Sacramento Valley Levee Work

By Loren Faulkner | September 28, 2010

Like most metro and some rural areas of California, the vast Sacramento Valley is doing brisk business in heavy construction and retrofitting. But the first and main type of construction that comes to mind here is the race against time to shore up the 130-year-old system of levees. The barges and cranes on the Sacramento and American Rivers and the levee networks show the urgency of the hour. If a section of levee gives way in heavily populated areas, either by erosion or natural disaster such as an earthquake, images of New Orleans after hurricane Katrina come to mind.

Local residents realize the danger

The winter and spring rains and snow melt of 2005–06 dangerously eroded 33 levee banks along the Sacramento River. Governor Arnold Schwarzenegger's declared state of emergency at the time moved the State Legislature to provide $500 million for quick repairs. That work has been completed, but area residents remain apprehensive.

"Four of those 33 critical sites were in my neighborhood, a heavily populated section of the city called the Pocket," says Sacramento resident P.T. Hill. "We're in danger of catastrophic flooding if a levee breaks, as are many other communities in this region."


Hill noted that the city of Sacramento held a special election earlier this year to increase local assessments to double the area's level of flood control from 100-year to 200-year protection. The measure was approved by 81 percent of voting Sacramento homeowners.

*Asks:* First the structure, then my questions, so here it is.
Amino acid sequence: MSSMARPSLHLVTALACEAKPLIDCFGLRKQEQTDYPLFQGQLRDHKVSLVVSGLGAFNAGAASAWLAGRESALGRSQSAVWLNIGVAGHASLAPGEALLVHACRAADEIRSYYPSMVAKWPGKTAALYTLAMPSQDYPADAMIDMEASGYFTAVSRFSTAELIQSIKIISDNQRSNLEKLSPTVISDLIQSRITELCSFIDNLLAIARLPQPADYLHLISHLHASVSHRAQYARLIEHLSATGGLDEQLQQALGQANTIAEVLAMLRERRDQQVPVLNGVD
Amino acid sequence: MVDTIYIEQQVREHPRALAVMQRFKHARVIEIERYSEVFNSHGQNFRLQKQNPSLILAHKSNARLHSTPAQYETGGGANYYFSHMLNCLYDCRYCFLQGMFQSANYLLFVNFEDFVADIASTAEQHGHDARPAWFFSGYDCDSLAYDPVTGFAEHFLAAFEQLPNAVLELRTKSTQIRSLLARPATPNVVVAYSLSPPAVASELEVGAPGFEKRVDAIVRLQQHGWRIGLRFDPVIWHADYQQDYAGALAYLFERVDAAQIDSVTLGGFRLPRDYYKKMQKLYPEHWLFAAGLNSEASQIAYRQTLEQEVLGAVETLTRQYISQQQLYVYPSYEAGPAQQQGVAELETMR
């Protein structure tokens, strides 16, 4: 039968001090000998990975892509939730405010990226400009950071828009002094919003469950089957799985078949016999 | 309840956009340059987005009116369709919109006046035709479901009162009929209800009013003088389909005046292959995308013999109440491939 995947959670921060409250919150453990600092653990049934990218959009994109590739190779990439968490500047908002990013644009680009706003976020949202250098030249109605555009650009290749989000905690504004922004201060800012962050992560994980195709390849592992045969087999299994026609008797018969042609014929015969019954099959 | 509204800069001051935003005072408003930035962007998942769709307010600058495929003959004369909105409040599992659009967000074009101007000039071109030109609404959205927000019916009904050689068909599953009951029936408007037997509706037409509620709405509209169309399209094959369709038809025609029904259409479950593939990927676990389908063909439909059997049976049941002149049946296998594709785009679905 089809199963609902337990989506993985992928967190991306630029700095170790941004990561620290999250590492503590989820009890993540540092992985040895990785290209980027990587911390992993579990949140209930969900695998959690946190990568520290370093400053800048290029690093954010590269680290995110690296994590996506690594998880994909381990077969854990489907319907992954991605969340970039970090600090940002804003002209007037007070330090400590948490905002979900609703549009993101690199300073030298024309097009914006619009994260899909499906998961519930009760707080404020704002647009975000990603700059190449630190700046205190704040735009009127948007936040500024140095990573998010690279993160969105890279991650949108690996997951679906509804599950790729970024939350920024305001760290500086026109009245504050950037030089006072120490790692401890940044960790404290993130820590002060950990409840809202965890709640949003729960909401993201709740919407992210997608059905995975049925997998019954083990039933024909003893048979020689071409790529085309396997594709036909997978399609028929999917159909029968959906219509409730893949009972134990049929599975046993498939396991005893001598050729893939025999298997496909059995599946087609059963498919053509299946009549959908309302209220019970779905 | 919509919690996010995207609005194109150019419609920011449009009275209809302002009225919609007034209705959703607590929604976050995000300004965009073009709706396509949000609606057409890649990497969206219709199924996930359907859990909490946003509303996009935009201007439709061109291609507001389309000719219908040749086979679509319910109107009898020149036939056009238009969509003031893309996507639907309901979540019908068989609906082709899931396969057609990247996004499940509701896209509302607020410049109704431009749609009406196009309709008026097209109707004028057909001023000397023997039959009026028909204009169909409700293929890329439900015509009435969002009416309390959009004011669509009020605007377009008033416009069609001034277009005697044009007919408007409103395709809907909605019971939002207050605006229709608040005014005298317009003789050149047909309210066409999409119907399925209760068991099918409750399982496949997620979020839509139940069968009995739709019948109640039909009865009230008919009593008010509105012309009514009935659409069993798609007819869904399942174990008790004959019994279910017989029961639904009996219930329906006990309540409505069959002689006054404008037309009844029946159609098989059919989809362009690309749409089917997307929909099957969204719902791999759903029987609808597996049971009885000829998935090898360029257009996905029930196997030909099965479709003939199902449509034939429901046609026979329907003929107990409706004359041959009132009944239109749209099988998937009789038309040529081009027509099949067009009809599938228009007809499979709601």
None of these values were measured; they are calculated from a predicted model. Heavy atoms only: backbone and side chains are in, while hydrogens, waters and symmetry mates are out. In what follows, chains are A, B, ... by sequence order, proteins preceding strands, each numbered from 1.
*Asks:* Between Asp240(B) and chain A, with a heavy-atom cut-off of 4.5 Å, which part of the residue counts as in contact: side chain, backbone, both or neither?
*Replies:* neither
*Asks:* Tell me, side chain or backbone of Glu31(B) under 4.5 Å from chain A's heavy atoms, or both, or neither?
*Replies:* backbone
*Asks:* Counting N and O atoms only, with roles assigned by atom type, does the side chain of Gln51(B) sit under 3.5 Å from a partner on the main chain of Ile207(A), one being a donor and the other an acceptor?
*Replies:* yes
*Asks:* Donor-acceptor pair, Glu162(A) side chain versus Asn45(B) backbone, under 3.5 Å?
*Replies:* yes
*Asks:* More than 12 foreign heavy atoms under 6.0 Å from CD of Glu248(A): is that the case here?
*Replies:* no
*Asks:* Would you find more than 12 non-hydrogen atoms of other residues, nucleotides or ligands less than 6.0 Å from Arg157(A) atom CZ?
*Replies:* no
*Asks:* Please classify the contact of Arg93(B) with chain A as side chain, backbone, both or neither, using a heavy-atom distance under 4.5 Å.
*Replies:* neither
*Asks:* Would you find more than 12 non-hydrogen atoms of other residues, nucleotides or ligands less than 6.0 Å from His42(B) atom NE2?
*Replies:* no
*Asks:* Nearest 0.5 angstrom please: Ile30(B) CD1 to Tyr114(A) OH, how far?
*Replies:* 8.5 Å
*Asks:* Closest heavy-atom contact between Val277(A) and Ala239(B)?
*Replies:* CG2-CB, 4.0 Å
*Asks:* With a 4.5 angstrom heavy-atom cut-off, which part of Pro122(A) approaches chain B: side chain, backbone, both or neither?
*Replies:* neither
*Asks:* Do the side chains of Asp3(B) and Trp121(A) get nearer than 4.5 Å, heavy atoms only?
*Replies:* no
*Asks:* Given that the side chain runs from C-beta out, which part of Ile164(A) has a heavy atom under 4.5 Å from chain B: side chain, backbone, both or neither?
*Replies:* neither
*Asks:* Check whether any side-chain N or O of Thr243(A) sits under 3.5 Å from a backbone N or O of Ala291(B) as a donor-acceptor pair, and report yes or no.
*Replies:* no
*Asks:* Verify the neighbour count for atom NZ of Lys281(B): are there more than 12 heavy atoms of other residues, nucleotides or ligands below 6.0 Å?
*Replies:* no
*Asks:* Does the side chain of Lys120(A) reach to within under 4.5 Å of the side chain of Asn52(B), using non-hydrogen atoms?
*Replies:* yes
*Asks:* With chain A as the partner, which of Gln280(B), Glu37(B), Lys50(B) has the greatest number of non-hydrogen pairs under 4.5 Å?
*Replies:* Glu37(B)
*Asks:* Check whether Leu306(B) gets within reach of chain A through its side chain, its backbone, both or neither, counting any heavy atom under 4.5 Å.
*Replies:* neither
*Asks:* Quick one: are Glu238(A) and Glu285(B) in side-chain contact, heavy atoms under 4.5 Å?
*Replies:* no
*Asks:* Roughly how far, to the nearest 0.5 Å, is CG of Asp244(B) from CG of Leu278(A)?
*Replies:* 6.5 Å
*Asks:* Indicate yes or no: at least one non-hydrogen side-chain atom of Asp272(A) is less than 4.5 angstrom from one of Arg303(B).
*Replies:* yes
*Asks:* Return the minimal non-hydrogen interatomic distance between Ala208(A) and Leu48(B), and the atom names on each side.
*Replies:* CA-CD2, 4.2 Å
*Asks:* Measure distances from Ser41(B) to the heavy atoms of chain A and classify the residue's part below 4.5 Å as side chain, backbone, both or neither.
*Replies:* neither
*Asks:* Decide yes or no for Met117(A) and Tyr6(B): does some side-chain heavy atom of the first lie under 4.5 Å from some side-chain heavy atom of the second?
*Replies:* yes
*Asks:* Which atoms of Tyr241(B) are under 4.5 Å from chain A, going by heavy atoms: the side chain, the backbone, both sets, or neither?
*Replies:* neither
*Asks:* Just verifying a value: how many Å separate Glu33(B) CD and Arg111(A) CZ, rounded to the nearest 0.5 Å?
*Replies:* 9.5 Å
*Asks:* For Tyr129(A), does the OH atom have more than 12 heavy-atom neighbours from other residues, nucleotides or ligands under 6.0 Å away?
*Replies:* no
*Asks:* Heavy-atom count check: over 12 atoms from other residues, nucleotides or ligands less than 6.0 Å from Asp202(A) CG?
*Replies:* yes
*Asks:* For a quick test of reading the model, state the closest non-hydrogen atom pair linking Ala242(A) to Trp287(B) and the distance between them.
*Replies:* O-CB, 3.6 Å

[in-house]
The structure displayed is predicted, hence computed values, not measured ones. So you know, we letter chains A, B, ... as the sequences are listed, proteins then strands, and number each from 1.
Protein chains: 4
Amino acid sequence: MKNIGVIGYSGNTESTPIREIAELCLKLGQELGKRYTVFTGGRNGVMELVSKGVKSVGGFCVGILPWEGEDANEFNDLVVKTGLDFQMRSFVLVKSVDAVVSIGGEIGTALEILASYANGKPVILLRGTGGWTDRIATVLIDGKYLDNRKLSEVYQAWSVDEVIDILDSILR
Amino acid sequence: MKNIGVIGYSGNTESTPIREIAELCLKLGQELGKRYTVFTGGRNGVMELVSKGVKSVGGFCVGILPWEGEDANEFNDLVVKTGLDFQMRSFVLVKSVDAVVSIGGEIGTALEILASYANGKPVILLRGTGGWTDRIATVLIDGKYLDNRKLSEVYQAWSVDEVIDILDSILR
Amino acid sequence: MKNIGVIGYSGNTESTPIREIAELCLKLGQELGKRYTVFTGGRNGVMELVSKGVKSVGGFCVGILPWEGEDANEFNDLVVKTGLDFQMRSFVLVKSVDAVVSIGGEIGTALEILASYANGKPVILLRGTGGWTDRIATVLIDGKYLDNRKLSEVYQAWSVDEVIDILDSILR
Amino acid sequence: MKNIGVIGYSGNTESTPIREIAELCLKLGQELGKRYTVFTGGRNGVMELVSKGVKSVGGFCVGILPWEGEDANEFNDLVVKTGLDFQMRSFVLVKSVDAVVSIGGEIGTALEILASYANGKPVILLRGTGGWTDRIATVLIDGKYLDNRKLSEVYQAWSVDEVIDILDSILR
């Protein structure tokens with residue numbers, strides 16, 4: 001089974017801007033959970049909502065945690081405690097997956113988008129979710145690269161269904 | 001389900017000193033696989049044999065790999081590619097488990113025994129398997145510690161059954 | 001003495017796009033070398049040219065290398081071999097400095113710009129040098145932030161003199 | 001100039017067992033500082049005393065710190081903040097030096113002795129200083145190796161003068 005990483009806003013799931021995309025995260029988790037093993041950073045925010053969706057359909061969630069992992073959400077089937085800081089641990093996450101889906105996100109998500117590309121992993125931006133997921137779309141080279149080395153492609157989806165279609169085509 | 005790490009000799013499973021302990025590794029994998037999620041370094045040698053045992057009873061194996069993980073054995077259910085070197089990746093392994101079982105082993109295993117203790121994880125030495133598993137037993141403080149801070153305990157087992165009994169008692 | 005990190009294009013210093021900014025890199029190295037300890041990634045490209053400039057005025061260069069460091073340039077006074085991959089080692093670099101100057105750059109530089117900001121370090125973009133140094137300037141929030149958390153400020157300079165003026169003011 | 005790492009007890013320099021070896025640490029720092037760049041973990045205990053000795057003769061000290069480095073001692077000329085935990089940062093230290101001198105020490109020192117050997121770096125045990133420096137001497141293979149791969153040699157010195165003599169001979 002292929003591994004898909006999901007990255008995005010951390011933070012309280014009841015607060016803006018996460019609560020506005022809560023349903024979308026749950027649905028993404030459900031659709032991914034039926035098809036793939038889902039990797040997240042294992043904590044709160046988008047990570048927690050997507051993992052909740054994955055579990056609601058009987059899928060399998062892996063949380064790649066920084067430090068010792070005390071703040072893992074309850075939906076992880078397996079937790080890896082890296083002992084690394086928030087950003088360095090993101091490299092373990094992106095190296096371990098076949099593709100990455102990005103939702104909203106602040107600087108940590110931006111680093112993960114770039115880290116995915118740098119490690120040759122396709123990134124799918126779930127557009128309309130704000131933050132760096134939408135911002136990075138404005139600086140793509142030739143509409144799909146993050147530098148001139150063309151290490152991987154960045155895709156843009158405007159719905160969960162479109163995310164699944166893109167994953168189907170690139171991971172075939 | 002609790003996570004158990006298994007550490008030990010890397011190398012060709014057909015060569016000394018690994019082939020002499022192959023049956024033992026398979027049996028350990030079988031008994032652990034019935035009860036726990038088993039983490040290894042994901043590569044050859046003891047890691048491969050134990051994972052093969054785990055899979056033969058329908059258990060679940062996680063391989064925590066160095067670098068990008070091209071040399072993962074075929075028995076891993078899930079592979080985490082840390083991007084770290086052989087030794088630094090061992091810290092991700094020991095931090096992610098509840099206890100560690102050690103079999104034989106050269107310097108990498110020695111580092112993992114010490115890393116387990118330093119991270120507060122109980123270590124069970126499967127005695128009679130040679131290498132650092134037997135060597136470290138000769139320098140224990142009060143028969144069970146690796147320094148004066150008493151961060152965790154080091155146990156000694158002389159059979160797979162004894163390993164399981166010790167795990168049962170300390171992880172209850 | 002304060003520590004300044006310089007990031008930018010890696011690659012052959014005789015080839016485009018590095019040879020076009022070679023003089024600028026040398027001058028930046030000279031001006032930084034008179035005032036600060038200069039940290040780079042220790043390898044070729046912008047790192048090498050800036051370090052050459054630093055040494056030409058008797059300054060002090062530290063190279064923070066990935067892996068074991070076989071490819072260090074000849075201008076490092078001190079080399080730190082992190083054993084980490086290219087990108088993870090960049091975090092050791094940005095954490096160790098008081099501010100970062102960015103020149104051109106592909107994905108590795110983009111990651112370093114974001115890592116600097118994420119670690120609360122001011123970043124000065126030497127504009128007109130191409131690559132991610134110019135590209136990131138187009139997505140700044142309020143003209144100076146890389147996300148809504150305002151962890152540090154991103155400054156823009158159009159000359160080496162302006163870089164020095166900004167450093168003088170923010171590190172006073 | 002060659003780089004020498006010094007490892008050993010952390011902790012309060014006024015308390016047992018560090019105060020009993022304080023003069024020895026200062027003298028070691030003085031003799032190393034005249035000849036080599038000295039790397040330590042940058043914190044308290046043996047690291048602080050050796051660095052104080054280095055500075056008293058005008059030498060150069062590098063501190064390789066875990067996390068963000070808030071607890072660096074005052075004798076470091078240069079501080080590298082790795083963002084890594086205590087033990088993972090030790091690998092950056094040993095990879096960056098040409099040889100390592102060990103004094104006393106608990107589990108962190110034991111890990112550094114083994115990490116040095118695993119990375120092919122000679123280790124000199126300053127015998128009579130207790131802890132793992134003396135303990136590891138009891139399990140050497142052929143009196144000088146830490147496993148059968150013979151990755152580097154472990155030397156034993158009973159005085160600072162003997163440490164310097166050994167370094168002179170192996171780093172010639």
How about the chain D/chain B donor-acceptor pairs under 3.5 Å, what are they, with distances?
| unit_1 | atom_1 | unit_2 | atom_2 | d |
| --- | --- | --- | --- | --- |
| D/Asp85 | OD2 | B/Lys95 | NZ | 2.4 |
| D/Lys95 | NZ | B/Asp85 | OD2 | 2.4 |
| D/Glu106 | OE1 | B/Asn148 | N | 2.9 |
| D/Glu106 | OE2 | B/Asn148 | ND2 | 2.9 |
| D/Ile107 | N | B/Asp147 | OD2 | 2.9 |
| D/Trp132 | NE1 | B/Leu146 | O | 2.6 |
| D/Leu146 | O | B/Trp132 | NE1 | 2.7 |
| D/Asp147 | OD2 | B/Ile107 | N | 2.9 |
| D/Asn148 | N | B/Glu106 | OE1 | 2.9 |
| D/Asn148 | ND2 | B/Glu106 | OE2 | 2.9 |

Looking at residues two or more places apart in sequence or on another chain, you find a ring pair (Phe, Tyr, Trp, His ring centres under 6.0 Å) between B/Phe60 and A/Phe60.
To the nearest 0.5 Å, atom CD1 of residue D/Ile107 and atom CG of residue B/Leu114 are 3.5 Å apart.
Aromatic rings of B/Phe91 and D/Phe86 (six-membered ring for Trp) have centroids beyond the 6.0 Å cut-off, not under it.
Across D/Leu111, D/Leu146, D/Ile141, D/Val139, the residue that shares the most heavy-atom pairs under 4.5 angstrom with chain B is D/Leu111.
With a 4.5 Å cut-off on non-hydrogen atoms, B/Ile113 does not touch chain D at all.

According to the Sacramento Area Flood Control Agency, increased tax assessments will fund $326 million in projects over 30 years. Leveraged against state and federal funds, SAFCA estimates the tax will buy improvements totaling $2.68 billion.

Controversial Construction

"One of the biggest flood protection controversies in California, and particularly in the city of Sacramento, is whether to continue building new homes on deep flood plains before the levees are repaired," Hill said. "Sacramento's fast-growing Natomas area is a case in point. Last year's inspections revealed not just erosion and seepage problems within the levees, but that that thelevees in this part of Sacramento did not meet the federal 100-year flood protection standard. Estimates are that in the case of massive levee failure, the Natomas area — which includes the Arco sports arena — will be submerged."